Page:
Histone mutation linked to fatal pediatric brain tumor

Histone mutation linked to fatal pediatric brain tumor

A single defect in a gene that codes for a histone — a "spool" that wraps idle DNA — is linked to pediatric cancers in a study published today in the journal Science. [More]
Stimulating stem cells to make special type of cartilage may potentially heal broken bones

Stimulating stem cells to make special type of cartilage may potentially heal broken bones

Stem cells could one day be stimulated to make a special type of cartilage to help repair large, hard-to-heal bone fractures - a potential boon for doctors treating big-money athletes, USC researchers say. [More]
Researchers develop bio-glass material that mimics real cartilage

Researchers develop bio-glass material that mimics real cartilage

Scientists have developed a material that can mimic cartilage and potentially encourage it to re-grow. [More]
Study highlights significance of tiny RNA molecules in tissue regeneration process

Study highlights significance of tiny RNA molecules in tissue regeneration process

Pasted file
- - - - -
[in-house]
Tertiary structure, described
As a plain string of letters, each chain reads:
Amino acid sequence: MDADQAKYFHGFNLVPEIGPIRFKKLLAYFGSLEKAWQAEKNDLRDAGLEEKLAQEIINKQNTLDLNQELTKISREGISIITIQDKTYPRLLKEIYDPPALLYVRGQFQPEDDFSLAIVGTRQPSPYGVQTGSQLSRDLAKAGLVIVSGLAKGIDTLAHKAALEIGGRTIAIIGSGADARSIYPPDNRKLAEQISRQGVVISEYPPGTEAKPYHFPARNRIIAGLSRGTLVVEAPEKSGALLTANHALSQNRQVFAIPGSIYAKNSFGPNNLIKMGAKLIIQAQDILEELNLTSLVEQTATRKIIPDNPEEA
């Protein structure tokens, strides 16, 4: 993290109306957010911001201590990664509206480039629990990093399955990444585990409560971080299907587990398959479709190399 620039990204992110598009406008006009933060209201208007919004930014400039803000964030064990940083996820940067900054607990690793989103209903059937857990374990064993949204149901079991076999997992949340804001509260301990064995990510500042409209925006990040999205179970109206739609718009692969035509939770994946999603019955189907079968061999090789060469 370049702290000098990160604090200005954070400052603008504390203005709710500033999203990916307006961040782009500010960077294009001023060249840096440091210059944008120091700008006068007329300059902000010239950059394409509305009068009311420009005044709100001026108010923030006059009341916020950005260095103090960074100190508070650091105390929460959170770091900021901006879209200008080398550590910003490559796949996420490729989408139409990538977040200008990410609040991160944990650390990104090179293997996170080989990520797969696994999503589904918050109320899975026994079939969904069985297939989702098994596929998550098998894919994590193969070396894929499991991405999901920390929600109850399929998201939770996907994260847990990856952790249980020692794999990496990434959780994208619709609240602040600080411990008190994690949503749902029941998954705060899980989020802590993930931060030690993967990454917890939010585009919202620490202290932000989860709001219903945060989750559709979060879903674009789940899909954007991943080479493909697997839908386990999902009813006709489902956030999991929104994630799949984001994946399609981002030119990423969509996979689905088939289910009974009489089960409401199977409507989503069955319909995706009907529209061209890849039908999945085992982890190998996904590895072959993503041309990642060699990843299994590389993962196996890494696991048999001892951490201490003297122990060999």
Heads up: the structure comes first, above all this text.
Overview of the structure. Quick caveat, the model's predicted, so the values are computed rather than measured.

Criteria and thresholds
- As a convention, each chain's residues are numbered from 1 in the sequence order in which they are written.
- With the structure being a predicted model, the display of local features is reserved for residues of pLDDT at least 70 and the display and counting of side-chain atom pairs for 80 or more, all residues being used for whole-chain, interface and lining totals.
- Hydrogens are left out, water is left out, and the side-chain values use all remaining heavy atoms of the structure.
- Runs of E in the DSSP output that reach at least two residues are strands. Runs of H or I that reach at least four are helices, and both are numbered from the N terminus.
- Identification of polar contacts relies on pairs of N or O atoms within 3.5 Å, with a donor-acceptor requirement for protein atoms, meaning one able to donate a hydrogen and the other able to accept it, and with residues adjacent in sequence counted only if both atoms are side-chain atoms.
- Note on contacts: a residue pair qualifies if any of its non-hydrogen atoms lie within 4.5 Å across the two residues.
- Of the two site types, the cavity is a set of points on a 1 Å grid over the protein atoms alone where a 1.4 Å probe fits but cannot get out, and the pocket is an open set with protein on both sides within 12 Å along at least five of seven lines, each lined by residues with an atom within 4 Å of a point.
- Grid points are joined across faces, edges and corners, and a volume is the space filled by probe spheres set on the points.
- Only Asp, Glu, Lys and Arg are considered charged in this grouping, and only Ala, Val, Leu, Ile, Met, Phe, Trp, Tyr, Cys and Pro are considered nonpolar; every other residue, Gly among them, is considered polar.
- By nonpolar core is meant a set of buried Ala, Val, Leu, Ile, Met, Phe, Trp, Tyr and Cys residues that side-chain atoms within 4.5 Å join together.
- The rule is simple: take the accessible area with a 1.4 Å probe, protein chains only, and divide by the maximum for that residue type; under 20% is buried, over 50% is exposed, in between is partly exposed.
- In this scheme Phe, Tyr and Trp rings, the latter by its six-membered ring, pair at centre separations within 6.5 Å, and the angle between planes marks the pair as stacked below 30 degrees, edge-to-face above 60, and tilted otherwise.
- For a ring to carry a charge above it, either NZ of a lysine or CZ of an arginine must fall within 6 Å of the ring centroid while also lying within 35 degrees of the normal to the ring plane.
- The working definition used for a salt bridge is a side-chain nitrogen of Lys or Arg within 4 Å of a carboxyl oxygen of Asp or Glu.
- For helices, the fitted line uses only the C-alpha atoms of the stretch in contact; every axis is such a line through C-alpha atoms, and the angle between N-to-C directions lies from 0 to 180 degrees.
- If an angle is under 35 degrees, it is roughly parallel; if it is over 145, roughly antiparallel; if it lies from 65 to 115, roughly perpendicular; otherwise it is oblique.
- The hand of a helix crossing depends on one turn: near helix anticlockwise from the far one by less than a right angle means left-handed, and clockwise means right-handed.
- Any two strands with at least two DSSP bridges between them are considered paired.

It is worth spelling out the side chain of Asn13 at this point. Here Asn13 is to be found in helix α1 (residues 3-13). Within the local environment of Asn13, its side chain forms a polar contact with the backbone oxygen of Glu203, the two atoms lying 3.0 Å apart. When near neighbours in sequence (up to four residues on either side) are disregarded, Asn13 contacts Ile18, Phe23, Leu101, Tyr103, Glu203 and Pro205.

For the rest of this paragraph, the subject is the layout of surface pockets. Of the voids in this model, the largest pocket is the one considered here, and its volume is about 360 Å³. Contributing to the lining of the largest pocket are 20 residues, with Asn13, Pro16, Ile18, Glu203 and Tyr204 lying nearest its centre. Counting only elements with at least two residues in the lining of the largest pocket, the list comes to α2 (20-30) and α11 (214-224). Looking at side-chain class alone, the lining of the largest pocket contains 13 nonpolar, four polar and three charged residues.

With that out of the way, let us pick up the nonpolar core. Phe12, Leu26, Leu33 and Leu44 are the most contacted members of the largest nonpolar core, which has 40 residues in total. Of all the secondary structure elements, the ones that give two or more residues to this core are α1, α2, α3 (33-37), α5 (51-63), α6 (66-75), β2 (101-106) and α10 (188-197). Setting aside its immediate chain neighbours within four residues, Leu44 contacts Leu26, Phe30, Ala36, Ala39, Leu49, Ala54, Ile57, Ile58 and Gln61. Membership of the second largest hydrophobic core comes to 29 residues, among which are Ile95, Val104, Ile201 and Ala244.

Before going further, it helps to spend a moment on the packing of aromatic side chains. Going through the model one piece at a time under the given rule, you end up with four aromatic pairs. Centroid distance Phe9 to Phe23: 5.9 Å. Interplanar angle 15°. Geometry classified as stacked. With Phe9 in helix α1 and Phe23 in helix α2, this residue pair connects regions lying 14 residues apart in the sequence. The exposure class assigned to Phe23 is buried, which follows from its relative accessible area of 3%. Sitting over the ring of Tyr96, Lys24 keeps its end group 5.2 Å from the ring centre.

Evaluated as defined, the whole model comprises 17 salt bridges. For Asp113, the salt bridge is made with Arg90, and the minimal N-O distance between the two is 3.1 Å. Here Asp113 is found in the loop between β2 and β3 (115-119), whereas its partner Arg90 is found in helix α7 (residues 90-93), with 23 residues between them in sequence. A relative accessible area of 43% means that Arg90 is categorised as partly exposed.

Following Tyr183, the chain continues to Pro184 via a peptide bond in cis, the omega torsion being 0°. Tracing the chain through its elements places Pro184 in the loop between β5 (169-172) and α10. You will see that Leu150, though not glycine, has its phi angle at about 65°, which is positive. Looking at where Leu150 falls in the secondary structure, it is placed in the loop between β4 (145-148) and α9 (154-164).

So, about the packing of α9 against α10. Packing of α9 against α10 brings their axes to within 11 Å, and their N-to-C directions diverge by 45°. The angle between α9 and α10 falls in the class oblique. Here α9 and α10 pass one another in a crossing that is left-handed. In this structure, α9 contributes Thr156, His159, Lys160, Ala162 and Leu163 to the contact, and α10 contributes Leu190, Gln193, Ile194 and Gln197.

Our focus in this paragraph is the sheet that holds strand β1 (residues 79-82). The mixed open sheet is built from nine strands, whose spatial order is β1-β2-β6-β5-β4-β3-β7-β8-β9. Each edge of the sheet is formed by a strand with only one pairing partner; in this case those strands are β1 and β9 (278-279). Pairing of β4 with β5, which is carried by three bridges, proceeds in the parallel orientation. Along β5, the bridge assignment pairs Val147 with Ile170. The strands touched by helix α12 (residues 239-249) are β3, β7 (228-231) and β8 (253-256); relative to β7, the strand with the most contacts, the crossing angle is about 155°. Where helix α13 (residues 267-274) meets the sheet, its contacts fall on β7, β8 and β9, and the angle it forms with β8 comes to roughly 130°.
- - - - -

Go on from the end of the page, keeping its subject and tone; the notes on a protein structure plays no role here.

Dr. Elizabeth Hutchins, a Post-Doctoral Fellow in TGen's Neurogenomics Division, and co-lead author of the study, said she hopes this investigation eventually enables such things as regenerating cartilage in knees, repairing spinal cords in accident victims, and reproducing the muscles of injured war veterans. [More]
Differences in timing of stem cells turning into cartilage play major role in shaping the face

Differences in timing of stem cells turning into cartilage play major role in shaping the face

Timing is everything when it comes to the development of the vertebrate face. In a new study published in PLoS Genetics, USC Stem Cell researcher Lindsey Barske from the laboratory of Gage Crump and her colleagues identify the roles of key molecular signals that control this critical timing. [More]
Study indicates that resolvin D1 has anti-arthritic properties

Study indicates that resolvin D1 has anti-arthritic properties

Rheumatoid arthritis (RA) is a debilitating autoimmune disorder that is characterized by the accumulation of inflammatory cells within the fluid of the joints. Current therapeutic strategies mostly serve to ease pain and rarely are able to reverse damage or resolve inflammation. [More]